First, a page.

November 14, 2013

GATTICA Remix: Preventing T1D in Kids


blood-levelsAccording to a study published in Nutrition & Diabetes, researchers have been able to identify specific markers in the blood of children who are newly diagnosed with T1D.

Researchers have discovered that newborn children have a greater chance of developing T1D if they have reduced levels of free carnitine and acyl-carnitines. This is also evident with lower levels of amino acids.

Many people without diabetes carry the HLA-DR3 and HLA-DR4 genes. But having the genes in combination with other factors proves to be highly indicative of developing T1D.

In the study, 50 children who developed T1D during the first 6 years of life were identified and 200 controls were recruited into the study. The participants were screened for 13 amino acids, free carnitine, 33 acyl-carnitines and 21 ratios.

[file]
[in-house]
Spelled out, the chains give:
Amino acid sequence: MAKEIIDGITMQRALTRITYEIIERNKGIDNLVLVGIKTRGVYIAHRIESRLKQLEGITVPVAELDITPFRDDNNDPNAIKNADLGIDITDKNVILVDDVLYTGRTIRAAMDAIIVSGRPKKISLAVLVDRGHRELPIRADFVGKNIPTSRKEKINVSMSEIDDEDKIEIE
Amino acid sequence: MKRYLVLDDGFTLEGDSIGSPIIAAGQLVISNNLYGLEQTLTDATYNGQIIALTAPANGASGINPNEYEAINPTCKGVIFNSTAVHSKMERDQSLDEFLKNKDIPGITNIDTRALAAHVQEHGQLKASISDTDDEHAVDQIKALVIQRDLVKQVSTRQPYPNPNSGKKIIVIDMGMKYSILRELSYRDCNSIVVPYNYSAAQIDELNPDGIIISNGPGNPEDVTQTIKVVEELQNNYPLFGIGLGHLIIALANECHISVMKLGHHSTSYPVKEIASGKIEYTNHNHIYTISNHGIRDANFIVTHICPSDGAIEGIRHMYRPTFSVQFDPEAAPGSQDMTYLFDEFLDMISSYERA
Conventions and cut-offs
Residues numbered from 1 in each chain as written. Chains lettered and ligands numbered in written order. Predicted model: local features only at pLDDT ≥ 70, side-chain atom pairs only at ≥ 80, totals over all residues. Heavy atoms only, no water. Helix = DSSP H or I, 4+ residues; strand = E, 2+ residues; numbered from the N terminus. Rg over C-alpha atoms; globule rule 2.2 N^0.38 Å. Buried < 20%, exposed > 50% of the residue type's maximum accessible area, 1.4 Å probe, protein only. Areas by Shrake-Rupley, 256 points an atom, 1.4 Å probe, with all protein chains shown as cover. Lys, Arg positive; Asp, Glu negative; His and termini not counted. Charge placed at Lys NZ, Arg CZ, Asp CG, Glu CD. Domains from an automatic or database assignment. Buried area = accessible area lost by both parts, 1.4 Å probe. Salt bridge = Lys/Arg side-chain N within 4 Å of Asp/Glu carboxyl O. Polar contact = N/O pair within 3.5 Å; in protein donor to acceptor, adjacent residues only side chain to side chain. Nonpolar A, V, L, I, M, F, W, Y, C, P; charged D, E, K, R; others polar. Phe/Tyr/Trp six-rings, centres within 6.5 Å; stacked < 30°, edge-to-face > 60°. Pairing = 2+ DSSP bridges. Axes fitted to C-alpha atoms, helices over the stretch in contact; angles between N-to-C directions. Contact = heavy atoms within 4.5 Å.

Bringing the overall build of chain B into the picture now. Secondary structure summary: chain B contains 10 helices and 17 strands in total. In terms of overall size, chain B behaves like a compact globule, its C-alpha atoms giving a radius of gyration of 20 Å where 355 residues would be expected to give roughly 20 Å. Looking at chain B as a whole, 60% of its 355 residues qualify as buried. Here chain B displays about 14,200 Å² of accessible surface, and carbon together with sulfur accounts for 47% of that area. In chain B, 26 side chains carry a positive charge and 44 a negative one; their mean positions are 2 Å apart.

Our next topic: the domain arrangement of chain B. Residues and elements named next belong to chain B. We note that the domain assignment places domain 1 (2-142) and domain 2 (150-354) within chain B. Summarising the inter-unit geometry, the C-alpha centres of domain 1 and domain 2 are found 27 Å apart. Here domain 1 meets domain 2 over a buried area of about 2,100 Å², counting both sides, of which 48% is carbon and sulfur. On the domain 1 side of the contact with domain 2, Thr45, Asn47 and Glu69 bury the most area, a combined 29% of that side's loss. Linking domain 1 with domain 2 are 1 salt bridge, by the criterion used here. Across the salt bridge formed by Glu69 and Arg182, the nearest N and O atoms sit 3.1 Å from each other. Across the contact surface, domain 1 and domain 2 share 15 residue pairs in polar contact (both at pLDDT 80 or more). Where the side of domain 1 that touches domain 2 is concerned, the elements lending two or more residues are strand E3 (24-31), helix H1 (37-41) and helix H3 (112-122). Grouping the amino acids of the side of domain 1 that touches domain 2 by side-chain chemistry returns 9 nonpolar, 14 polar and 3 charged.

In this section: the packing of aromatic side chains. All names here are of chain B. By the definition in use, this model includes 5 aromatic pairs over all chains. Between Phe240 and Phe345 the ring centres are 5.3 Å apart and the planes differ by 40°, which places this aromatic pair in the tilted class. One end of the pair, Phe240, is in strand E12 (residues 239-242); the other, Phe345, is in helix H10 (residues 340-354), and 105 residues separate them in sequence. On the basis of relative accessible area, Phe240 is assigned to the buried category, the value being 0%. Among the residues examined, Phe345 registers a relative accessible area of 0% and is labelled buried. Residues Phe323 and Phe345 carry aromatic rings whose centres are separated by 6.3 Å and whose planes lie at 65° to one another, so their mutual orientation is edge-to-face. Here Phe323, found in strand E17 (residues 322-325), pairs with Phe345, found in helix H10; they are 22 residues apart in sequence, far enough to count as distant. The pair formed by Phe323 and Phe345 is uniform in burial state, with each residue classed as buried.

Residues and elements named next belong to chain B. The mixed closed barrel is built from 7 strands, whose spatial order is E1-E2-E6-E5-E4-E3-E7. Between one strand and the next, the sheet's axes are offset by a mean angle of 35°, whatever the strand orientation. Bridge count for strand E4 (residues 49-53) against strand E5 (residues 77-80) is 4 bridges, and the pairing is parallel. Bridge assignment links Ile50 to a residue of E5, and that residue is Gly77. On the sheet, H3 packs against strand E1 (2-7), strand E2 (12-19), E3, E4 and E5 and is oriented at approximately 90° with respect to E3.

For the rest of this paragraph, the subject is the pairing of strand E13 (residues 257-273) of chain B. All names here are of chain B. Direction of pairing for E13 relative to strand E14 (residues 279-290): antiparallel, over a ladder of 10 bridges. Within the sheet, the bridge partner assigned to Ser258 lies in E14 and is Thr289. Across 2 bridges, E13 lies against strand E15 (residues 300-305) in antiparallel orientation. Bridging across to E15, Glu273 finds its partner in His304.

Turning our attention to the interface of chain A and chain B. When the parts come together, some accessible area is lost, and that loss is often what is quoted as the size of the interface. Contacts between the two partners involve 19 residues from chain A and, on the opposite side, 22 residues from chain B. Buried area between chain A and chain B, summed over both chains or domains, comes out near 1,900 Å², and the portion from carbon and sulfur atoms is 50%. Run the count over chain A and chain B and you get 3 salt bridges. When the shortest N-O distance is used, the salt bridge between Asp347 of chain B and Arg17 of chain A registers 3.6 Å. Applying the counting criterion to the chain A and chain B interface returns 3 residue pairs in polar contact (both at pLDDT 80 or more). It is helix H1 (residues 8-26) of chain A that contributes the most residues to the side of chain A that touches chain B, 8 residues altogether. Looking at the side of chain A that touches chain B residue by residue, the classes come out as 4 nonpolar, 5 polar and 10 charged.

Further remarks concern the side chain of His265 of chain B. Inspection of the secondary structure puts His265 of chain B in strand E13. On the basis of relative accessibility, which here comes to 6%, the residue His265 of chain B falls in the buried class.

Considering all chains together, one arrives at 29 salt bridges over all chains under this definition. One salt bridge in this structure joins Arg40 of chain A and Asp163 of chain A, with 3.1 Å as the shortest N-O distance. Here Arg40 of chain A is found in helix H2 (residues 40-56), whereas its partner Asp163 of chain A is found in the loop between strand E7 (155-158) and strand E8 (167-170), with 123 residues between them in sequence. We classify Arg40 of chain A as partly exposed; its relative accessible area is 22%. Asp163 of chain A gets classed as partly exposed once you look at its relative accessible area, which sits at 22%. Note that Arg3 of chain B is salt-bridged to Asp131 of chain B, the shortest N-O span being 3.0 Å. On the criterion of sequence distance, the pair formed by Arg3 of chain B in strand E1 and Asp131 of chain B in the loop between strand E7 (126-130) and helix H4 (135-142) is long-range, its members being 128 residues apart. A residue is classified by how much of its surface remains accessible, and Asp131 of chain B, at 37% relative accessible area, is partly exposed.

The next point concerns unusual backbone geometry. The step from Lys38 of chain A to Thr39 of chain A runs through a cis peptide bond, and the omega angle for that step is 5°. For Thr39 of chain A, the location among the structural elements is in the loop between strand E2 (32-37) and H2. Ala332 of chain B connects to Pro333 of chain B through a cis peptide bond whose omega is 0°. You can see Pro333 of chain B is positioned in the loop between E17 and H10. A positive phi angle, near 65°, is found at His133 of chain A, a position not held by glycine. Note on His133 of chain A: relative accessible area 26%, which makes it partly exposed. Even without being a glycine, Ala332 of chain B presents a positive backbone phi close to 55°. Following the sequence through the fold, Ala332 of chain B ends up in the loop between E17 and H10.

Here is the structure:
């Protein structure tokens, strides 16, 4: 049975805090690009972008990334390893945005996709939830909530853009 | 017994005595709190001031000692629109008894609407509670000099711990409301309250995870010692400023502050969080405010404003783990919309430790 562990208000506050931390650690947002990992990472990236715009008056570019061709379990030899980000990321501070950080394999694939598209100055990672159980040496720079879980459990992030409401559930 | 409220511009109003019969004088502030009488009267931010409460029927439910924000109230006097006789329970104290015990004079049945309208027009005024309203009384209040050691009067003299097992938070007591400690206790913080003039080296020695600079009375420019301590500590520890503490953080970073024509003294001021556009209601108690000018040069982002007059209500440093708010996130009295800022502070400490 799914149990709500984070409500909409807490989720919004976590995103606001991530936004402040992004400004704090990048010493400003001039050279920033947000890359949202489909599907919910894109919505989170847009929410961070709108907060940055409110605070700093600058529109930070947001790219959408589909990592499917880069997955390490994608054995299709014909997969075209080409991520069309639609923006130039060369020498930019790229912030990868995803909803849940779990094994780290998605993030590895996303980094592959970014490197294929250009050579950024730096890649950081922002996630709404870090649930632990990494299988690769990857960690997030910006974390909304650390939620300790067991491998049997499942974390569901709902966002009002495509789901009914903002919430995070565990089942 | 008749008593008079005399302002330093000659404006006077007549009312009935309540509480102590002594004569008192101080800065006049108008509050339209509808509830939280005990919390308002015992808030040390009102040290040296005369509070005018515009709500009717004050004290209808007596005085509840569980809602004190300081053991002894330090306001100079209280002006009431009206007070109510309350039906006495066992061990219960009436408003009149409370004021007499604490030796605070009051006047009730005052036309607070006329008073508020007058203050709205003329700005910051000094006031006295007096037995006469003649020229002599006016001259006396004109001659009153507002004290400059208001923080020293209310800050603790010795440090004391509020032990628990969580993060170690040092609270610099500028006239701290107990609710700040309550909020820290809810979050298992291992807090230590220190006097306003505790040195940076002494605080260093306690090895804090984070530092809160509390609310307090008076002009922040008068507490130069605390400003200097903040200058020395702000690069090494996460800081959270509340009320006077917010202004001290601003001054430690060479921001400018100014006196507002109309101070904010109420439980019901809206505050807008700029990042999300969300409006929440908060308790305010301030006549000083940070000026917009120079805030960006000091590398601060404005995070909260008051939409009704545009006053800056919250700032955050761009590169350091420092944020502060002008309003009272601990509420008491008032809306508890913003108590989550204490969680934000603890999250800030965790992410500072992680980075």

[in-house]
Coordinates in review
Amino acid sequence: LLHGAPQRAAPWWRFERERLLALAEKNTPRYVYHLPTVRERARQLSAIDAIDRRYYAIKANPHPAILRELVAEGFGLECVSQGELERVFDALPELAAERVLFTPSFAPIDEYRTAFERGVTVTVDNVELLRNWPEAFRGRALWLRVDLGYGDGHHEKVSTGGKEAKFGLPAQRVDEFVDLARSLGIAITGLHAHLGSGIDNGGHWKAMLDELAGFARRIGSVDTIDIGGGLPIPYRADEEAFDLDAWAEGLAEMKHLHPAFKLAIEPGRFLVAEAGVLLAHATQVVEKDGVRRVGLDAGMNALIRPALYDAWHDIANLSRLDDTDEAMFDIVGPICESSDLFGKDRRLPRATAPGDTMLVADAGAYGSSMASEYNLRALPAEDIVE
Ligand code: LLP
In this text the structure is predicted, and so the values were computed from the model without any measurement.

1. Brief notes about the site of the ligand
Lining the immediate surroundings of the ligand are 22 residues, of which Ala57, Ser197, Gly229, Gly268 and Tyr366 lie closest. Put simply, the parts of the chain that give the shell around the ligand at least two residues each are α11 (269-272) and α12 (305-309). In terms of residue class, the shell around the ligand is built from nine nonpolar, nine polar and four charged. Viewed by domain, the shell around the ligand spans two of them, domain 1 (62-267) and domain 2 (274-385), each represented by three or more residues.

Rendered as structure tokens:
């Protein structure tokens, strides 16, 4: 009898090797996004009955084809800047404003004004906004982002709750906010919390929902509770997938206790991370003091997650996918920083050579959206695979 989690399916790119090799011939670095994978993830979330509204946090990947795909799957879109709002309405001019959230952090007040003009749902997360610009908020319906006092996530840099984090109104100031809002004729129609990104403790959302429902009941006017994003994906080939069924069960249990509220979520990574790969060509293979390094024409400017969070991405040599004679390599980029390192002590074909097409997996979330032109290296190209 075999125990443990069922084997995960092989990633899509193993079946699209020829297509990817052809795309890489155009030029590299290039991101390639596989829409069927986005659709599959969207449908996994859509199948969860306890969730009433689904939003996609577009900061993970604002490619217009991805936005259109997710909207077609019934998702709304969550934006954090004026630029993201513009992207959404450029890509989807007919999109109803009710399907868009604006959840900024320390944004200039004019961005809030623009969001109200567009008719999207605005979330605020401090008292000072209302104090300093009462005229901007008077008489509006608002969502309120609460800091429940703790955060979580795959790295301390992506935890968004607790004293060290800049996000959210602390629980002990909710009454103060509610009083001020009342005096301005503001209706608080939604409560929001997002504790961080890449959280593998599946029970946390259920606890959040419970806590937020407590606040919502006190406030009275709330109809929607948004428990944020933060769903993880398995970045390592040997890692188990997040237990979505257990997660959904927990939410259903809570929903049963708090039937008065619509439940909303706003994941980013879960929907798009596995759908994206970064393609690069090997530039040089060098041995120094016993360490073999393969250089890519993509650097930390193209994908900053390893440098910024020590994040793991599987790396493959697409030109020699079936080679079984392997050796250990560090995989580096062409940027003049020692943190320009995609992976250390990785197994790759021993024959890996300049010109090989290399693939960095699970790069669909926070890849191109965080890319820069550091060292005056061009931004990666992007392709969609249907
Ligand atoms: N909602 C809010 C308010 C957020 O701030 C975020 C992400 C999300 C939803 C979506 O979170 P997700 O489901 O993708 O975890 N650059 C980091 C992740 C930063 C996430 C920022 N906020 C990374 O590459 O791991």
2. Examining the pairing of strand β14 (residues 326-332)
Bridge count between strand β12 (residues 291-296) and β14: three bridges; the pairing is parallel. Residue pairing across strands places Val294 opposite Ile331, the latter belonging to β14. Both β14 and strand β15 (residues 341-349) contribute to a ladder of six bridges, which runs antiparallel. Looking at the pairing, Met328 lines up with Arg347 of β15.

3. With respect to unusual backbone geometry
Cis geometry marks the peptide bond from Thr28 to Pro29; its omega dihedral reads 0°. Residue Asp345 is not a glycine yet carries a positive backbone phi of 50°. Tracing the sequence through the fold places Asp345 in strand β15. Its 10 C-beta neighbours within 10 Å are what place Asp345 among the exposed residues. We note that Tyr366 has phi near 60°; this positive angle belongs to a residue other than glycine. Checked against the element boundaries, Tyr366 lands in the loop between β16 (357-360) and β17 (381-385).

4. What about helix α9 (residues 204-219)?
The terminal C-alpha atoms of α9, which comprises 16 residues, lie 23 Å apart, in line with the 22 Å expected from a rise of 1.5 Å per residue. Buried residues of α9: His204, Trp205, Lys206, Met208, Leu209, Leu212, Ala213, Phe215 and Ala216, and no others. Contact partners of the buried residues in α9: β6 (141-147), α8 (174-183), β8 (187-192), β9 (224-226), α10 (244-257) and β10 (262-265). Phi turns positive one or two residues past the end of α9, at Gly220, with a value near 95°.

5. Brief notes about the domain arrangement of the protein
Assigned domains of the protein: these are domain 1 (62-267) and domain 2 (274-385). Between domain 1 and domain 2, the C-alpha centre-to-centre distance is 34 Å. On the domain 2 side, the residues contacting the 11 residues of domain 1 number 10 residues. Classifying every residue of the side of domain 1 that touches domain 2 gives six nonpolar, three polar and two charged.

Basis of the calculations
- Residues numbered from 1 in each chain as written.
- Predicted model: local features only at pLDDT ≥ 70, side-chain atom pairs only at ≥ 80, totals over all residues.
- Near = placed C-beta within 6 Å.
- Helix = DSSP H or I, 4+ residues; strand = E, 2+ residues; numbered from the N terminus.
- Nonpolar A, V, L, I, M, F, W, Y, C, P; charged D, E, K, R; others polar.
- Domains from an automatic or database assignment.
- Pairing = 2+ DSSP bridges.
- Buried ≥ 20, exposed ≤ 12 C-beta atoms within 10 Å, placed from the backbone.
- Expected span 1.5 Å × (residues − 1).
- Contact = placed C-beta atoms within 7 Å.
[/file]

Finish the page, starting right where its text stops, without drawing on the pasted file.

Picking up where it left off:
Total and free carnitine were found to be significantly lower in newborns who later developed T1D compared with controls. Moreover, the concentrations of the acyl-carnitines and other carnations were also significantly lower in future T1D kids. The total amino acid concentrations  of all amino acids tested, showed a trend toward lower levels.

The findings of this study were that carnitine and amino-acid deficit children are evident before the clinical appearance of T1D, possibly from birth. The evaluation of these metabolites in the neonatal period of children human leukocyte antigen genetically at ‘risk’ to develop T1D, could represent an additional tool for the prediction of T1D and could also offer the possibility to design new strategies for the primary prevention of the disease from birth.

It’s not quite like GATTACA. Instead of precluding you from living life to the fullest, based on your genetic predisposition, the findings of this study will develop treatments to strengthen you from falling prey to your DNA.

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